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Microsoft CIFS: Common Internet File System protocol
The Common Internet File System (CIFS), an enhanced version of Microsoft Server Message Block (SMB), is the standard way that computer users share files across intranets and the Internet. CIFS enables collaboration on the Internet by defining a remote file-access protocol that is compatible with the way applications already share data on local disks and network file servers. CIFS runs over TCP/IP and utilizes the Internet's global Domain Naming Service (DNS) for scalability, and is optimized to support slower speed dial-up connections common on the Internet. CIFS can be sent over a network to remote devices using the redirector packages. The redirector also uses CIFS to make requests to the protocol stack of the local computer.
Key features that CIFS offers are:
- File Access with integraty: CIFS supports the usual set of file operations; open, close, read, write and seek. CIFS also supports file and record lock and unlocking. CIFS allows multiple clients to access and update the same file while preventing conflicts by providing file sharing and file locking.
- Optimization for Slow Links: The CIFS protocol has been tuned to run well over slow-speed dial-up lines. The effect is improved performance for users who access the Internet using a modem.
- Security: CIFS servers support both anonymous transfers and secure, authenticated access to named files. File and directory security policies are easy to administer.
- Performance and Scalability: CIFS servers are highly integrated with the operating system, and are tuned for maximum system performance. CIFS supports all Microsoft platmforms after Windows 95. It also supports other popular operation systems such as Unix, VMS, Macintosh, IBM LAN server etc.
- Unicode File Names: File names can be in any character set, not just character sets designed for English or Western European languages.
- Global File Names: Users do not have to mount remote file systems, but can refer to them directly with globally significant names, instead of ones that have only local significance.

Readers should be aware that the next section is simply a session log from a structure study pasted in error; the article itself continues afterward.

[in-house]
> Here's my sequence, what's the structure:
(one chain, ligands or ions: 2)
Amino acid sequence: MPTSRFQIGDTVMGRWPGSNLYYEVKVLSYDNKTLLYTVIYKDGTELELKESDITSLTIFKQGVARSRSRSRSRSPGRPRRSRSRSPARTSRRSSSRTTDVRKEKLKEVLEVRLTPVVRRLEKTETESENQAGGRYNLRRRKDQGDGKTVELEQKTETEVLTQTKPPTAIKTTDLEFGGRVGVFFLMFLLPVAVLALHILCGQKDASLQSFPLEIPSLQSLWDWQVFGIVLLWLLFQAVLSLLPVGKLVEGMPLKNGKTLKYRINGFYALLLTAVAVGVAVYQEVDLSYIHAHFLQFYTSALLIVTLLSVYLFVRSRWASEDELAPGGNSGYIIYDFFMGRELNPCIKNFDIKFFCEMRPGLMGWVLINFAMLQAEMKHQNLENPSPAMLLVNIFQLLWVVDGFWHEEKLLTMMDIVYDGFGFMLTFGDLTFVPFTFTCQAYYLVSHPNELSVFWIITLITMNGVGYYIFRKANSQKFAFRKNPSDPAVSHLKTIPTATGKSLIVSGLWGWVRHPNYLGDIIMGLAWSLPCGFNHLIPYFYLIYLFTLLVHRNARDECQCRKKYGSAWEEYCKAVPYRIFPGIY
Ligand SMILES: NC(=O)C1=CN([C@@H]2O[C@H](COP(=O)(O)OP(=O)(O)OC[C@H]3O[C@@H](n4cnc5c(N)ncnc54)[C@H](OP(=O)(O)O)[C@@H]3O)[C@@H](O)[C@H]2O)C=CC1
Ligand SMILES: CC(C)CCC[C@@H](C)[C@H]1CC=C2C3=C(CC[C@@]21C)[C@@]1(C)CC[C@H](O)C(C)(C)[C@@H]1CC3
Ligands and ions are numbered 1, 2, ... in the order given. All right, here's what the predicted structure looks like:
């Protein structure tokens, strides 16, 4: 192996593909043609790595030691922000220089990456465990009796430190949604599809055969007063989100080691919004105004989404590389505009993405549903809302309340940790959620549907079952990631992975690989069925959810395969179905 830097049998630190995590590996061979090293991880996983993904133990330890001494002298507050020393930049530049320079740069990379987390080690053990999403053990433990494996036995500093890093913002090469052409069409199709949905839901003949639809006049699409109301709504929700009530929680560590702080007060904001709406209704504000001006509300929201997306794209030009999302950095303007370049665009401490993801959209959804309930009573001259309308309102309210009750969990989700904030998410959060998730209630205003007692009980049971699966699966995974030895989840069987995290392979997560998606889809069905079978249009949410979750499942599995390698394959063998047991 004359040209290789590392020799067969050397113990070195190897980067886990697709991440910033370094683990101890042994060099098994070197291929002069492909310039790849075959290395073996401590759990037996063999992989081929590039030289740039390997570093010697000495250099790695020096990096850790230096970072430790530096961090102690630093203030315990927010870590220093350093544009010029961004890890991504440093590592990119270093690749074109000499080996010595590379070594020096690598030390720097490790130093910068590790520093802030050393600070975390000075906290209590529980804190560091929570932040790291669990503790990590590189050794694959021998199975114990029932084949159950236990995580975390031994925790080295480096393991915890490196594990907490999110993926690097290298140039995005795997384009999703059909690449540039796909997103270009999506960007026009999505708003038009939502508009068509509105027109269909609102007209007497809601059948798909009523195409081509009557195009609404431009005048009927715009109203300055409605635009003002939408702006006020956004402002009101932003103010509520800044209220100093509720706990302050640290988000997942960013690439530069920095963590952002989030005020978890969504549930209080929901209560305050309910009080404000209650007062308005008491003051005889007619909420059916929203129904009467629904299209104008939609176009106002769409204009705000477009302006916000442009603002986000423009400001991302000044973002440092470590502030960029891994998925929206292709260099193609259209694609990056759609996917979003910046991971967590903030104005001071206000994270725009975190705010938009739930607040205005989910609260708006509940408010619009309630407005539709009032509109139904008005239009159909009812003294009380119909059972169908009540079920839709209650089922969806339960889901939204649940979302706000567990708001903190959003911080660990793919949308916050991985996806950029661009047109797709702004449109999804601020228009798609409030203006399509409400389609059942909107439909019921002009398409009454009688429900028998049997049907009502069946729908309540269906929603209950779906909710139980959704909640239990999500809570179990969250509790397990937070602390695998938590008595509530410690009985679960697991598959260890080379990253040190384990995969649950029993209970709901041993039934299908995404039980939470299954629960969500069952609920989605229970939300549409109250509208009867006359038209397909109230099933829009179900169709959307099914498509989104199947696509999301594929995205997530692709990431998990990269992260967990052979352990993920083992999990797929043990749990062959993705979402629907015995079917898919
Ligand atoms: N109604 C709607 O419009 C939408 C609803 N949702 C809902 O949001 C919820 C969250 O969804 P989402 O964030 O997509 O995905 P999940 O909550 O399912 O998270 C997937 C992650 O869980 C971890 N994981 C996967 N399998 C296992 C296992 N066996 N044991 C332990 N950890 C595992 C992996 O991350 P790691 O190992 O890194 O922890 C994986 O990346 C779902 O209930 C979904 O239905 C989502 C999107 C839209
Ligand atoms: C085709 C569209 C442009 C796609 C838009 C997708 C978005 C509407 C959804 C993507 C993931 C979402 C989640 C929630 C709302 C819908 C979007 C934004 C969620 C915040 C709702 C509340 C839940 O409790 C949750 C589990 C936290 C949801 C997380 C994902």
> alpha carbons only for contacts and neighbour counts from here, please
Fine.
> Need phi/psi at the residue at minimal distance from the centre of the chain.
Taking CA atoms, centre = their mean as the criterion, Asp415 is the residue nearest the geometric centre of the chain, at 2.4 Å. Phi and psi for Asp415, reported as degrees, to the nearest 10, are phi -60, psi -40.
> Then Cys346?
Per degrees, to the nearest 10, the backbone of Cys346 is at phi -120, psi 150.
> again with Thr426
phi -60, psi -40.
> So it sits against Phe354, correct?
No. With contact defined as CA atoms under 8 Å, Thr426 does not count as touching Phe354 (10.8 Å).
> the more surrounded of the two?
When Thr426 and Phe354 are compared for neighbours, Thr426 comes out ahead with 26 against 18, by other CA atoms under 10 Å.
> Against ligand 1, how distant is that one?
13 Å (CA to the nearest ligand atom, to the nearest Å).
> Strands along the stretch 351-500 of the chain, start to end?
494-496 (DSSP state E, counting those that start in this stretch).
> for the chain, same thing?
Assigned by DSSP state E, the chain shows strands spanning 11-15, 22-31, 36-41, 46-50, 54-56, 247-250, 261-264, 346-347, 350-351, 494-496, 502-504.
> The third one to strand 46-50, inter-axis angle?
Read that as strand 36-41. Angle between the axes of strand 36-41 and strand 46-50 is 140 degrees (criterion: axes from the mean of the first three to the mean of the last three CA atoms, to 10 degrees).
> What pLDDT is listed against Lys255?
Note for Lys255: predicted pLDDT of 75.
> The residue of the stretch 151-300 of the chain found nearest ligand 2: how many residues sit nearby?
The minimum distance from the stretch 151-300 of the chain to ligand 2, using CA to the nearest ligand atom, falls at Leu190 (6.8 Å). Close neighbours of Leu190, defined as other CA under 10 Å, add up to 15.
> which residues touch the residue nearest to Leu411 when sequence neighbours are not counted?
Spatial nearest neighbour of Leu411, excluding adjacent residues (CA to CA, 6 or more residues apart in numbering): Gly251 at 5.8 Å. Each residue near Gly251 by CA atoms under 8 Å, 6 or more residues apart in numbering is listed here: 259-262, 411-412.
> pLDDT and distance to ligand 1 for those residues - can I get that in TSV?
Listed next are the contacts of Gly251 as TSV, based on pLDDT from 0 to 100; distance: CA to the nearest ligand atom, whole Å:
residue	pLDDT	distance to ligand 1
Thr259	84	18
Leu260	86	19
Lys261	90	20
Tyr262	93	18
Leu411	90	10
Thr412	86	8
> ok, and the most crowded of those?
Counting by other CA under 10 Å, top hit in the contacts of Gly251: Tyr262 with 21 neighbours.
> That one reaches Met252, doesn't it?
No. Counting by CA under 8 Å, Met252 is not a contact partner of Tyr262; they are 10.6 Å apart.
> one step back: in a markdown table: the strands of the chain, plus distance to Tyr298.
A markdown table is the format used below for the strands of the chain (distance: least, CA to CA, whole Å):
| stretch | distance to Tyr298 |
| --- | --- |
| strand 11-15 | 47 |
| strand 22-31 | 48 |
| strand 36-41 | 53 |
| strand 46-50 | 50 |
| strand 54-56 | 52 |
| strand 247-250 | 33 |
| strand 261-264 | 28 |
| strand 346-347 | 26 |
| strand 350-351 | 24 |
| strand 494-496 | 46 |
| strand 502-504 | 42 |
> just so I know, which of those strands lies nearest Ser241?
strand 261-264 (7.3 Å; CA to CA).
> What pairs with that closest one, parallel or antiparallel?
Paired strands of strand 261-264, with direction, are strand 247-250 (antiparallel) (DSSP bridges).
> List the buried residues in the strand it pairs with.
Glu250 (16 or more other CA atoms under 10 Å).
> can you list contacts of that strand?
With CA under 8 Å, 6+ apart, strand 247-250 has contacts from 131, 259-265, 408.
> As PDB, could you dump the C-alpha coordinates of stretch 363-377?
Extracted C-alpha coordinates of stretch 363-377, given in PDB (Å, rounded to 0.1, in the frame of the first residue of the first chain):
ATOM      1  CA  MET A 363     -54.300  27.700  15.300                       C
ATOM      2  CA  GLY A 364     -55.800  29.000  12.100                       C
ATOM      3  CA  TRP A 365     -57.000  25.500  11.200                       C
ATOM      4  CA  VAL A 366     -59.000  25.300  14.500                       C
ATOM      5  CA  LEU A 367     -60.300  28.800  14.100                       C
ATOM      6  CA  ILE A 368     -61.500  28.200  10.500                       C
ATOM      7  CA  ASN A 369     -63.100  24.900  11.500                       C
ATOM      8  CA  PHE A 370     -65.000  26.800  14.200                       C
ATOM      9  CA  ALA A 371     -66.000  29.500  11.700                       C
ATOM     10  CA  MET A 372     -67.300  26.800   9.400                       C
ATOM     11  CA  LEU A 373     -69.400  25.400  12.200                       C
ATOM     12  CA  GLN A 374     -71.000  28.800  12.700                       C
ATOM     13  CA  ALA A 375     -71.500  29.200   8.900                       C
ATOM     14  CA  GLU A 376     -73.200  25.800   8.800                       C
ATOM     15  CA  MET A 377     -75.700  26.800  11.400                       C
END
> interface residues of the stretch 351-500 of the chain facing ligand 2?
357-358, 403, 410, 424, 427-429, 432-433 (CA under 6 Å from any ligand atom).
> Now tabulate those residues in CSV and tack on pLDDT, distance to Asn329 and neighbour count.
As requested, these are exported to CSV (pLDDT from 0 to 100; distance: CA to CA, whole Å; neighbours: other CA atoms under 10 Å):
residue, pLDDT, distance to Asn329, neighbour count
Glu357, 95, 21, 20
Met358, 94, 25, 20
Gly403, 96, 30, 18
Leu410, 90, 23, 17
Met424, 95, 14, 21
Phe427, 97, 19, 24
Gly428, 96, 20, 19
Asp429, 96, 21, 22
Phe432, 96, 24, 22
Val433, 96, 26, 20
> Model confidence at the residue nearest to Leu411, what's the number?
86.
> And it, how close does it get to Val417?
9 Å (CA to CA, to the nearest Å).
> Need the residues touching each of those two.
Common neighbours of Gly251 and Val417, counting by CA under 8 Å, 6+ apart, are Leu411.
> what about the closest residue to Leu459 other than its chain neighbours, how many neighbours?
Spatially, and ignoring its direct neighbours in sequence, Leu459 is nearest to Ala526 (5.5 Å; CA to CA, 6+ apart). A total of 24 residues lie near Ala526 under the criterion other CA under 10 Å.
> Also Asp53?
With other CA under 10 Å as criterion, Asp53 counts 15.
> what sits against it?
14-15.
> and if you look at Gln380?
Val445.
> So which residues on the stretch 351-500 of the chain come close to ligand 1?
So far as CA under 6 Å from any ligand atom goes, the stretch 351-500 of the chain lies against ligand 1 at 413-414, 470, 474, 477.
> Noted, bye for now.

- CIFS complements Hypertext Transfer Protocol (HTTP) while providing more sophisticated file sharing and file transfer than older protocols, such as FTP.
Protocol Structure - Microsoft CIFS: Common Internet File System protocol
The CIFS and SMB defined many client and server type of commands and messages. The commands and messages can be broadly classified as follows:
- Connection establishment messages consist of commands that start and end a redirector connection to a shared resource at the server.
- Namespace and File Manipulation messages are used by the redirector to gain access to files at the server and to read and write them.
- Printer messages are used by the redirector to send data to a print queue at a server and to get status information about the print queue.
- Miscellaneous messages are used by the redirector to write to mailslots and named pipes.
The typical process and architecture of the CIFS message flow is shown as follows:
FTP , DNS , HTTP , SMB
CIFS is defined by Microsoft.
http://www.microsoft.com/mind/1196/cifs.asp : CIFS: A Common Internet File System
http://www.snia.org/tech_activities/CIFS/CIFS-TR-1p00_FINAL.pdf : Common Internet file System (CIFS) Technical Reference